With no details available for 2013 and 2014 and adding up Chandy’s figures for 2006-12 and the new statistics for 2015, we won’t be far off the mark if we say that Kerala has seen a total of close to 10,000 conversions to Islam in the last 10 years.
Nobody can — and nobody should—jump to the conclusion that all those who embraced Islam took to guns and militancy.
But the “love jihad” cases that came to light around the time Chandy gave those figures and the latest disappearances only make people suspicious. At that time, Chandy, however, denied that any “love jihad” was going on. That didn’t surprise many. The Indian Union Muslim League (IUML) is the second biggest party in the United Democratic Front (UDF) led by Chandy’s Congress. But just two days after he reeled off the conversion figures, the Kerala High Court had directed the police to investigate the alleged elopement of a 20-year-old Hindu girl with a Muslim boy from a Kochi hospital.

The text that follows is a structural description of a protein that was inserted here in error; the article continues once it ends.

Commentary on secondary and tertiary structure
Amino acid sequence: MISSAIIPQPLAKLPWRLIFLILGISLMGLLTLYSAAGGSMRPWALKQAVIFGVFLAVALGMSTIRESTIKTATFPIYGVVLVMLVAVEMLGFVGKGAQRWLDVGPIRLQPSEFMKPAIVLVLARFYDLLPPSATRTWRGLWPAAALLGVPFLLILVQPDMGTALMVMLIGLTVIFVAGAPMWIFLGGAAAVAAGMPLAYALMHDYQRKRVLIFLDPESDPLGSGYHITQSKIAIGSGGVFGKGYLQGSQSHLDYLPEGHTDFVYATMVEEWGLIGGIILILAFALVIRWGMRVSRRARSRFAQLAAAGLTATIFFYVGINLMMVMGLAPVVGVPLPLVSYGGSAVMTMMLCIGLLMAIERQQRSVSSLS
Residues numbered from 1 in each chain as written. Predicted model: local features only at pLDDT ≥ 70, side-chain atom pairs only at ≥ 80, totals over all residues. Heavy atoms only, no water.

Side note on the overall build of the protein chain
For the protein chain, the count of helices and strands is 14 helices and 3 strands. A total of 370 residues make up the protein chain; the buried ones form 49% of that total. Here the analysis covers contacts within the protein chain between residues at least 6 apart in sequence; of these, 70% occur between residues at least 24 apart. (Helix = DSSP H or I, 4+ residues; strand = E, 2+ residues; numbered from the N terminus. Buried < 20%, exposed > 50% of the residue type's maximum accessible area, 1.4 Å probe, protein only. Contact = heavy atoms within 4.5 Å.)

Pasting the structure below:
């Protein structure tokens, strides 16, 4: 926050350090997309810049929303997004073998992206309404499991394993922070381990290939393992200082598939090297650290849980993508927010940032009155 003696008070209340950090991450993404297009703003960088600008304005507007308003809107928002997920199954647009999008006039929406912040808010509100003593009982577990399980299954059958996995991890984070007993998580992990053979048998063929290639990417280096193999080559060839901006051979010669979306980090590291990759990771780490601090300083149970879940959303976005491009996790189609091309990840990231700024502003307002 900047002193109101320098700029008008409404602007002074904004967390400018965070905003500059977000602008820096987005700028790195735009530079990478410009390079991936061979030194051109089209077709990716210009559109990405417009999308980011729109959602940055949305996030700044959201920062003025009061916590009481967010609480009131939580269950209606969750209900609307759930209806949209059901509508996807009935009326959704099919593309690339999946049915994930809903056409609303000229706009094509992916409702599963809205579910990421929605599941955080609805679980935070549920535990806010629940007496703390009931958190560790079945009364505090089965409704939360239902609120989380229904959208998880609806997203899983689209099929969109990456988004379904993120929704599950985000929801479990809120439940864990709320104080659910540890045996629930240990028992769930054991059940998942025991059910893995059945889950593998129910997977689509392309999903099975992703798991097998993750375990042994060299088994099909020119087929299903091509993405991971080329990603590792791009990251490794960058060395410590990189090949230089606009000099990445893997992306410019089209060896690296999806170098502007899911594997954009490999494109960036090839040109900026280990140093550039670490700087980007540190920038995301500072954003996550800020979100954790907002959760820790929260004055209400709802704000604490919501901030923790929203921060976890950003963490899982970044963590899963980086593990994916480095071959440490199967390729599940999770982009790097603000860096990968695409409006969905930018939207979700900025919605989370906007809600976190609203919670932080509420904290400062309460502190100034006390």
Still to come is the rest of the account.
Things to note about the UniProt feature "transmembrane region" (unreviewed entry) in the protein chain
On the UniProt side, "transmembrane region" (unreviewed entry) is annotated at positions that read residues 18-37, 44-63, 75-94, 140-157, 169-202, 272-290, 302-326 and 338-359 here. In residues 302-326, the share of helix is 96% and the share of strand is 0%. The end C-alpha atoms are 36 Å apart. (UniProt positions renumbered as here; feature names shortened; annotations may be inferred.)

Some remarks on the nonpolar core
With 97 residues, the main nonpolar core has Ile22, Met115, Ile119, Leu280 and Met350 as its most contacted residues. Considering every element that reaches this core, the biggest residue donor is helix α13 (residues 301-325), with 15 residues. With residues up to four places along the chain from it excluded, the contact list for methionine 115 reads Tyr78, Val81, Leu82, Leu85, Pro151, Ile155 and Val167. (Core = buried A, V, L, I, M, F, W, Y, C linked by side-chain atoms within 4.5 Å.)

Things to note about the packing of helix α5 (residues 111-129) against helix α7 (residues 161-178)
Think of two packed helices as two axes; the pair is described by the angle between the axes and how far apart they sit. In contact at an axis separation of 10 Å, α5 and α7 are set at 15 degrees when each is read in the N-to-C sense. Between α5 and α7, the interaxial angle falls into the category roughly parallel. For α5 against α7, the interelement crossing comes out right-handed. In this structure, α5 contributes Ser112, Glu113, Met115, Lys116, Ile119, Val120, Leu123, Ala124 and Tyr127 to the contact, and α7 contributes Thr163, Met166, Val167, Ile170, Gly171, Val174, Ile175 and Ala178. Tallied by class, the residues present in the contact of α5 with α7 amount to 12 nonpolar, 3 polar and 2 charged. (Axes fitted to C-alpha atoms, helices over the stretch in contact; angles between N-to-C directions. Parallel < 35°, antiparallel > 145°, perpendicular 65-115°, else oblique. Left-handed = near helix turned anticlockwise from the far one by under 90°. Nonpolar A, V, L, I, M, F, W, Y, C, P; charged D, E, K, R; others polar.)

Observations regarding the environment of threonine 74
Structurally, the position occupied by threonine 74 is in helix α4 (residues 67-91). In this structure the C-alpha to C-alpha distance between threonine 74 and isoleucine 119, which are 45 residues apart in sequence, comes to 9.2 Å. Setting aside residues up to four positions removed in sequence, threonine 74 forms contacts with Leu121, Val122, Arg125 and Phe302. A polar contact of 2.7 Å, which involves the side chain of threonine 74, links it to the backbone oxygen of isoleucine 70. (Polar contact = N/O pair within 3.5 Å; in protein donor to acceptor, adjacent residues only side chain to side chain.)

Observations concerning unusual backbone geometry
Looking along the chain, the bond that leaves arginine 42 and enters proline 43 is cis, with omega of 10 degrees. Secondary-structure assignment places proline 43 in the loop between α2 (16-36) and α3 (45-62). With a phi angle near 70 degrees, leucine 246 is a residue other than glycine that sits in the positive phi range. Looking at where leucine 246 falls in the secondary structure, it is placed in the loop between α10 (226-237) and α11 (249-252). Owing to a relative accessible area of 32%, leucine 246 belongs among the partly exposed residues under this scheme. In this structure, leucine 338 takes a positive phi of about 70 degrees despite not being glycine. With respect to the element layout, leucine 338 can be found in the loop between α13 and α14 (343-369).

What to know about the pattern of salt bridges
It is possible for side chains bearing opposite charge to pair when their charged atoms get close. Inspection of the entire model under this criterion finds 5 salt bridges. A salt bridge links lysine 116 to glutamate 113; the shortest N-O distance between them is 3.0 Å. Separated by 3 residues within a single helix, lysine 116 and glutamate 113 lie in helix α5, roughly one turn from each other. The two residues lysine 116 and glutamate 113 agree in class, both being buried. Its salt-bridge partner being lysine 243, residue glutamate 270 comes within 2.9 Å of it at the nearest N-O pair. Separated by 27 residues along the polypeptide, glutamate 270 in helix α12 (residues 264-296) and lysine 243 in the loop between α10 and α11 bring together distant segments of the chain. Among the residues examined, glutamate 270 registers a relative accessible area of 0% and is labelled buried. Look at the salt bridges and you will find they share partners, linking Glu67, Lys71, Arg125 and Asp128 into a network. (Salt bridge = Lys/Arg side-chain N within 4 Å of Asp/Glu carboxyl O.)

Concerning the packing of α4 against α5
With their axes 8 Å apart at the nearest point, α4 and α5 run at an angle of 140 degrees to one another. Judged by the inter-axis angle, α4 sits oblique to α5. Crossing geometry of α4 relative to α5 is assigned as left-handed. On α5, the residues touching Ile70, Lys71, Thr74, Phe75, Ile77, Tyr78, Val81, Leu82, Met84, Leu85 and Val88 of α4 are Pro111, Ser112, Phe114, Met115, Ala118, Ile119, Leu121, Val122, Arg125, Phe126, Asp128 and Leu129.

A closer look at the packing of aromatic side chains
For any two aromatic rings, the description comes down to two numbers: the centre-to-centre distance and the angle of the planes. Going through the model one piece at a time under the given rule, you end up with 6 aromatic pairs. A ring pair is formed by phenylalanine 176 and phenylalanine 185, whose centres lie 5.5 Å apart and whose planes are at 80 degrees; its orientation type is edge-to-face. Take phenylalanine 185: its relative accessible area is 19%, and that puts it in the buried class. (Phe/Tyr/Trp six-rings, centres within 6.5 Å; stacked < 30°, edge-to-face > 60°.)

And a month after that came the case of Deepa Cherian, which shook the state’s Christian community. According to the police version, which reads like a thriller, Deepa was in Dubai with her husband and children when an Indian driver called Noushad befriended her. Leaving her family, she came to Kerala with Noushad, converted to Islam, changed her name to Shahina and married him. The story came to light when the police arrested her for handing over a few international SIM cards to Noushad which he, in turn, passed to one T Nazir, a Lashkar-e-Taiba criminal.